“Read the best books first, or you may not have a chance to read them at all.” ― Henry David…


I had a coffee chat last week with the Chief Information Officer (CIO) of an ASX100 manufacturing company. In a very traditional and process-driven organisation she wants her team to lead cross-functional innovation initiatives and has introduced hack days to initiate a spark. She was concerned about how to keep momentum after a hack day. So she approached me to draw on my experience of helping Global 500 companies create innovation ecosystems.

1. Objective

Wikipedia: a hackathon (also known as a hack day, hack fest or code fest) is a design sprint-like event in which computer programmers and others involved in software development, including graphic designers, interface designers, project managers, and others, often including domain experts, collaborate intensively on software projects.


Nowadays there is no escaping the Agile hype. Large organisations are “becoming Agile” one after the other, fuelled by hopes of higher employee engagement and more efficient product development.

A Service Delivery Executive at a Fortune 500 company in the technology sector told us that the implementation of Agile in his organisation raised high expectations of easier product and service design but in reality fell short of those initial expectations. He was wondering if Agile works for new product development and if not, what could replace it or complement it.

Doing ‘Agile’ for new product development

Let’s start by taking a few steps back to understand where all the hype is coming from. As a software development methodology built on the 2001 Agile manifesto, Agile has been a resounding success. Nowadays no one would deny its efficiency to develop better software. …


A short while ago, I had a coffee chat with the Chief Digital Officer of an ASX100 consumer goods company who is currently leading the digital transformation of a product-based company into the digital world.

She is constantly approached by “silver bullet solution vendors” and expressed her surprise at just how many charlatans there are in the field of business transformation. She resonated with the rigor that Strategyzer and I bring to the innovation practice, and was curious to learn more about how Global 500 companies efficiently feed and manage an innovation funnel, so we got chatting.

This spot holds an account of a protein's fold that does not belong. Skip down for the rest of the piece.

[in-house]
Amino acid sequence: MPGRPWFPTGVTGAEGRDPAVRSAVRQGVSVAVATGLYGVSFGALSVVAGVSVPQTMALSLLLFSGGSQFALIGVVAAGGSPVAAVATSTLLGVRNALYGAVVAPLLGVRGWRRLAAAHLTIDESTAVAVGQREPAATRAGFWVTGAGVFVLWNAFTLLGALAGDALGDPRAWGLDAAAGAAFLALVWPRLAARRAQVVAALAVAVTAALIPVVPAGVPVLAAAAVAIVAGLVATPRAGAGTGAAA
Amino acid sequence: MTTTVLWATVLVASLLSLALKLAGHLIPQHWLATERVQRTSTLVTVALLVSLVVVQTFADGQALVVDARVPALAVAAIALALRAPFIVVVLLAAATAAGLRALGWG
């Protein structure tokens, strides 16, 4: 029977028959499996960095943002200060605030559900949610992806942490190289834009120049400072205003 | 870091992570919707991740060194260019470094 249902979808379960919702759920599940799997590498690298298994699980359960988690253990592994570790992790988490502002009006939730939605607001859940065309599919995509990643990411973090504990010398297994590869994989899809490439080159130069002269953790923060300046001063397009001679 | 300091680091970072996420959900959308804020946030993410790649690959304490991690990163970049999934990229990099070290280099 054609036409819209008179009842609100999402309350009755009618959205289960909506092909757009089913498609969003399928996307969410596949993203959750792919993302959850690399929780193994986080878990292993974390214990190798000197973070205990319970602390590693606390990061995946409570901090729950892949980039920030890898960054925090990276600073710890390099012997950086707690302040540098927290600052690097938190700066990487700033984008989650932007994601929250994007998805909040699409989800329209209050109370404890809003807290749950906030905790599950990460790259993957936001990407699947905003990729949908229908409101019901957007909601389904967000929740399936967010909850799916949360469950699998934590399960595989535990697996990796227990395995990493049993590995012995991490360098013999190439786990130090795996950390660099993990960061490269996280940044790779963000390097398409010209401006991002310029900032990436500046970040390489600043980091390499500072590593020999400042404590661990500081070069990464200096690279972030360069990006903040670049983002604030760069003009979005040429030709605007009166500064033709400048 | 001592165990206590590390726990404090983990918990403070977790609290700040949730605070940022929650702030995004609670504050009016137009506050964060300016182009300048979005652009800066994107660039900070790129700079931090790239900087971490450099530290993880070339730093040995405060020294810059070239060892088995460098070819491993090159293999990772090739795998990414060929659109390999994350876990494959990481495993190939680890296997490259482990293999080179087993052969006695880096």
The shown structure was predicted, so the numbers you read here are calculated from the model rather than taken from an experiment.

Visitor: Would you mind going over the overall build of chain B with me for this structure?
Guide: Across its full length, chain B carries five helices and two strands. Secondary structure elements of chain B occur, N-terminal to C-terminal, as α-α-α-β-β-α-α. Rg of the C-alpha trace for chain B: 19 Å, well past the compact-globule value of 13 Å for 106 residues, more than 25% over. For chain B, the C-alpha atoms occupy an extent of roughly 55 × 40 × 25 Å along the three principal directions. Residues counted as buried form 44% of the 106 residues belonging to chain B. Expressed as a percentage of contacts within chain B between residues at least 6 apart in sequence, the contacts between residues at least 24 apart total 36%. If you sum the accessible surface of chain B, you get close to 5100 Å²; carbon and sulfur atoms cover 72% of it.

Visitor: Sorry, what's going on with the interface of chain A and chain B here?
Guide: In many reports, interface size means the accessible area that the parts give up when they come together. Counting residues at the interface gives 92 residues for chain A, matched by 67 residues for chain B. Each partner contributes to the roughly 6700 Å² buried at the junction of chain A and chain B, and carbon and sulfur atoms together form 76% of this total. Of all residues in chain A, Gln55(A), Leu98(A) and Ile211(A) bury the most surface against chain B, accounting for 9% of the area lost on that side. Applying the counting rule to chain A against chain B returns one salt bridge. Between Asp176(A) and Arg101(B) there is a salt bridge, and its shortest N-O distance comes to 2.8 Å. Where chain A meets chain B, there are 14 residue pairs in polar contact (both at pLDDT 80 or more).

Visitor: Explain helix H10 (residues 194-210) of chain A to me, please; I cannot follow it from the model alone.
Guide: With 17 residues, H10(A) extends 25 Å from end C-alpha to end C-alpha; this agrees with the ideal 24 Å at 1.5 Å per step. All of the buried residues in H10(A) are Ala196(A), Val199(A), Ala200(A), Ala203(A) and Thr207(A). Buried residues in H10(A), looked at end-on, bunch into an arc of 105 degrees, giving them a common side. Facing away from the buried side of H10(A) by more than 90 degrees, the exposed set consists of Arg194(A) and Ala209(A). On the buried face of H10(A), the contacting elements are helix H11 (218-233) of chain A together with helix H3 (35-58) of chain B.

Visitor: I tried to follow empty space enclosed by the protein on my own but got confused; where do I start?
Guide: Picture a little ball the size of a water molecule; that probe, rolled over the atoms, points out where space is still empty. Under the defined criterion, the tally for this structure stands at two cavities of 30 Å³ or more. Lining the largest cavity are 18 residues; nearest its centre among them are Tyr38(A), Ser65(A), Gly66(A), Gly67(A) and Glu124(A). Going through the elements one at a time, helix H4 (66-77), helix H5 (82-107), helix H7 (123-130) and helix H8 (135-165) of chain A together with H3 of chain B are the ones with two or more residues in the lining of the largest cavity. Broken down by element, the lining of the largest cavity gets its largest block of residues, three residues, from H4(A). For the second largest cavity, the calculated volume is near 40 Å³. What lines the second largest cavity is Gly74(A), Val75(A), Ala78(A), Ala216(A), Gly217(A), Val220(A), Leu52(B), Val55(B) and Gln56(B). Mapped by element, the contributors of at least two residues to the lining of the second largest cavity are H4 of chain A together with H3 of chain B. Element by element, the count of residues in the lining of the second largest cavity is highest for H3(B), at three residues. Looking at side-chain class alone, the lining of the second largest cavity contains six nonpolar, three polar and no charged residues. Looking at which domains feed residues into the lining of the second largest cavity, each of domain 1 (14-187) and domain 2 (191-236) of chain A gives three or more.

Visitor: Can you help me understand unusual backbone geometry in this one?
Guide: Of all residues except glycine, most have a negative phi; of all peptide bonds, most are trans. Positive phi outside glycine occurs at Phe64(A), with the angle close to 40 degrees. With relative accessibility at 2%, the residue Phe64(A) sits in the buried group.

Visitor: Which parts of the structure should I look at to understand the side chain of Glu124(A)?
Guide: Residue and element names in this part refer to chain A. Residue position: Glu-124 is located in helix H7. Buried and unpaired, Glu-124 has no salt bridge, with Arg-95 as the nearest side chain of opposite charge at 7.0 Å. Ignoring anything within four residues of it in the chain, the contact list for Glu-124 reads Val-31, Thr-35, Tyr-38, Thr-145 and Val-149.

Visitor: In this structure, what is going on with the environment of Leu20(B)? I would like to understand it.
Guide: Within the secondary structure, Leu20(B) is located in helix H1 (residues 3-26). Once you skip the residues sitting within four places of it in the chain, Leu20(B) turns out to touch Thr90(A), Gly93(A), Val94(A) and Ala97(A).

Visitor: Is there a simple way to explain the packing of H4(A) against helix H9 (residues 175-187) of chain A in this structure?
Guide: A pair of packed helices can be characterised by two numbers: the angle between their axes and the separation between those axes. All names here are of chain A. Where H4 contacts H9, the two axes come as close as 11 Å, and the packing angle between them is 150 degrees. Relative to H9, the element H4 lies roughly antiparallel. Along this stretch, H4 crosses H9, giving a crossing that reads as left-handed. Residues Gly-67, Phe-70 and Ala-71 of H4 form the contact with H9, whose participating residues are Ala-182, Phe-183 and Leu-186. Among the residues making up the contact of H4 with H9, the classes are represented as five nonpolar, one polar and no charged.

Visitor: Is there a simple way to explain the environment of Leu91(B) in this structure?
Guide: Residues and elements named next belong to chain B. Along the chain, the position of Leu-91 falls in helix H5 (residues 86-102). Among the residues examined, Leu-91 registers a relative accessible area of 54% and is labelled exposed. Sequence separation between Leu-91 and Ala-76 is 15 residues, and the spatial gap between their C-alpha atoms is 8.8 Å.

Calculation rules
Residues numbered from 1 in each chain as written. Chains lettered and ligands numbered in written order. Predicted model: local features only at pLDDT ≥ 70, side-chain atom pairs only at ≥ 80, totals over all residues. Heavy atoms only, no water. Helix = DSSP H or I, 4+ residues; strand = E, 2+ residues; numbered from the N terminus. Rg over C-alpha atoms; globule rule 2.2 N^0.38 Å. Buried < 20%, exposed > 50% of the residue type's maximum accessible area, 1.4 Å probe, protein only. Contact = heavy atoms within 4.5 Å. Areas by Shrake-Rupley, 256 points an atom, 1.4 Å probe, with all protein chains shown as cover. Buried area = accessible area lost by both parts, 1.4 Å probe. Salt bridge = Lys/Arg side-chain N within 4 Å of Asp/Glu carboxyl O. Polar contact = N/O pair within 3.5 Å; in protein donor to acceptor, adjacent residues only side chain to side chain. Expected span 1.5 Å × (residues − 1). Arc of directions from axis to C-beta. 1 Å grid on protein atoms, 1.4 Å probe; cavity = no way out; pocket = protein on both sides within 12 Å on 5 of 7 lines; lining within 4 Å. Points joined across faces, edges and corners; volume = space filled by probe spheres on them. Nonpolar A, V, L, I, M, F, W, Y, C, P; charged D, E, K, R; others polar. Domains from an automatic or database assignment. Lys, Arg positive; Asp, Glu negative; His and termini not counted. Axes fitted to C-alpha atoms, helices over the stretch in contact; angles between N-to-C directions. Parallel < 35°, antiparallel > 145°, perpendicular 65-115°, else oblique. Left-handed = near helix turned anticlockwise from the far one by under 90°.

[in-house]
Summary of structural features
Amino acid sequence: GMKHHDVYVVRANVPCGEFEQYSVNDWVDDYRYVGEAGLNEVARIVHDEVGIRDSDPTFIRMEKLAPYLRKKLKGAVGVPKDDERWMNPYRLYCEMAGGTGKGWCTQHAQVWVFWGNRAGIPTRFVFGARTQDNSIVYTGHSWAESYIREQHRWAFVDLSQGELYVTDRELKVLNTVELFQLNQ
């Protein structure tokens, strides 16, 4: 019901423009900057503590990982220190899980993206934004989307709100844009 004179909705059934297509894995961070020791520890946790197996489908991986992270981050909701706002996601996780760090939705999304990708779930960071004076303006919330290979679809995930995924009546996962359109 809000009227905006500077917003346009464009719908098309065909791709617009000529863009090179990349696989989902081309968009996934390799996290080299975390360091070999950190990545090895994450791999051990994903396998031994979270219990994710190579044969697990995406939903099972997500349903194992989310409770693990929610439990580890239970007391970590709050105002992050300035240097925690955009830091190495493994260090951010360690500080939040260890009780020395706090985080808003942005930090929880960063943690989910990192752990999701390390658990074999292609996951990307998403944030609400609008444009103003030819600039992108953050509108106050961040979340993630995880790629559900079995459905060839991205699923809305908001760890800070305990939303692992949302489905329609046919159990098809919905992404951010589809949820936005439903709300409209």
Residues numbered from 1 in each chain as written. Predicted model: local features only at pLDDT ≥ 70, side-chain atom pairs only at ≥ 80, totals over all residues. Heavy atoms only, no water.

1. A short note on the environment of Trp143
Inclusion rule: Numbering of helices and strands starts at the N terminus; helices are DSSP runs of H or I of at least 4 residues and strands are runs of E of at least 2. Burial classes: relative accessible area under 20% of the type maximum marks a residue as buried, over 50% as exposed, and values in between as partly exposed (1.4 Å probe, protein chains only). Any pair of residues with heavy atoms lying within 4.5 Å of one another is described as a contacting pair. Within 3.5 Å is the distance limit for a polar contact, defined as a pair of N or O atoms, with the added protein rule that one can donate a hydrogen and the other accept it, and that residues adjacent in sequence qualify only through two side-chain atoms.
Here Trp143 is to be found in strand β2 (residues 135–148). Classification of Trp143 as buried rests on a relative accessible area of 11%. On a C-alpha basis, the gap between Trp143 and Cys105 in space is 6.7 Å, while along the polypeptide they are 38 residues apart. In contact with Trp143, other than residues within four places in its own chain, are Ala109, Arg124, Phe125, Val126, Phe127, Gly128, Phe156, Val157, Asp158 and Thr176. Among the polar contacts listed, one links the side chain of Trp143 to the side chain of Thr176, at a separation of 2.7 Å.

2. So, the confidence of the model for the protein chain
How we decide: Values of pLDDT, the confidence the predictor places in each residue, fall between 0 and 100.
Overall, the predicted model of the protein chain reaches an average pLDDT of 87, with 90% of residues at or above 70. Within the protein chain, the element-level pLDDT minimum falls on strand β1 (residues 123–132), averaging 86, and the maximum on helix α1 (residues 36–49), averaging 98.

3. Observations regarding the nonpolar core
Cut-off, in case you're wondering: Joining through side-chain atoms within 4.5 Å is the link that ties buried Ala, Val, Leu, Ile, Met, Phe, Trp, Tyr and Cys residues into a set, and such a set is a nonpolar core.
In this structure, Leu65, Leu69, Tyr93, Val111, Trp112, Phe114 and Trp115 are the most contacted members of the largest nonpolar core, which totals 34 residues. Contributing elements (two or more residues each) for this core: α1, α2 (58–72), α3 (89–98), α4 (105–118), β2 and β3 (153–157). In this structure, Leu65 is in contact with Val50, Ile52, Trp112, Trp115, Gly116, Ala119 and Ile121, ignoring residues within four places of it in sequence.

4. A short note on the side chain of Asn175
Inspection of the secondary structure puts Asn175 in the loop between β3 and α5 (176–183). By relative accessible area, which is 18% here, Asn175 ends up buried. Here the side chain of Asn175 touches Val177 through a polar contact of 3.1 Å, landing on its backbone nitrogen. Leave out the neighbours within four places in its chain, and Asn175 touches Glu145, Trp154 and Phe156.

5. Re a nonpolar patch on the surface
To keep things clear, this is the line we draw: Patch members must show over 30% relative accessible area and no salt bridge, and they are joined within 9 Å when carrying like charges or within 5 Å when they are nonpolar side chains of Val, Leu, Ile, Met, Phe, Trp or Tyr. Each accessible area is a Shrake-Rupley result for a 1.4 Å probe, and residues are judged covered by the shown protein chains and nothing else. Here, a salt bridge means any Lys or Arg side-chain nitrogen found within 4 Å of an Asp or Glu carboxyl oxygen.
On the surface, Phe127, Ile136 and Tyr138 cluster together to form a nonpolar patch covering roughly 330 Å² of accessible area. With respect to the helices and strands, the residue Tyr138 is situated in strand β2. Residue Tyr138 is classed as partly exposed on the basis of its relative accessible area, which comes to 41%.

We started by discussing how managing an innovation funnel is different from managing a technology project portfolio, where the first key difference is uncertainty. In her digital transformation initiatives, I shared that ideas and projects could be placed on a spectrum from relatively low uncertainty (e.g. digitizing a paper process in existing operations) to high uncertainty (e.g. using available data to build completely new products and services). …


At Strategyzer we often use the Owlet team video from the International Business Model Competition in 2013 to illustrate how to de-risk new ideas, cheaply and quickly. Let’s unpack together the most important principles to follow when testing new business ideas.

When we train business teams on how to execute innovation sprints and show them the Owlet video (a pitch that led the Owlet team to win the International Business Model Competition in 2013) we start by apologizing to the audience. What could a group of innovation professionals like themselves with access to corporate knowledge and a wealth of resources really learn from inexperienced students? We tell them that they will probably not learn much, but we show the video anyway. …


We use the value proposition canvas to help innovation teams design products and services customers actually want. Although one question we get all the time (especially from new users of the value proposition canvas) is: Do you always start with the customer?

The last couple of decades have seen an overwhelming focus on customers. I have yet to advise a company whose vision or strategy doesn’t include an acute customer focus. And this plethora of customer-driven organisations rely more and more on methodologies such as Design Thinking which starts with an empathetic and exploratory approach toward the customer. …

About

Frederic Etiemble

#Innovation #BusinessTransformation advisor. Coauthor of The Invincible Company. Speaker & #coach on @strategyzer tools. Loves cinema, tennis & basketball.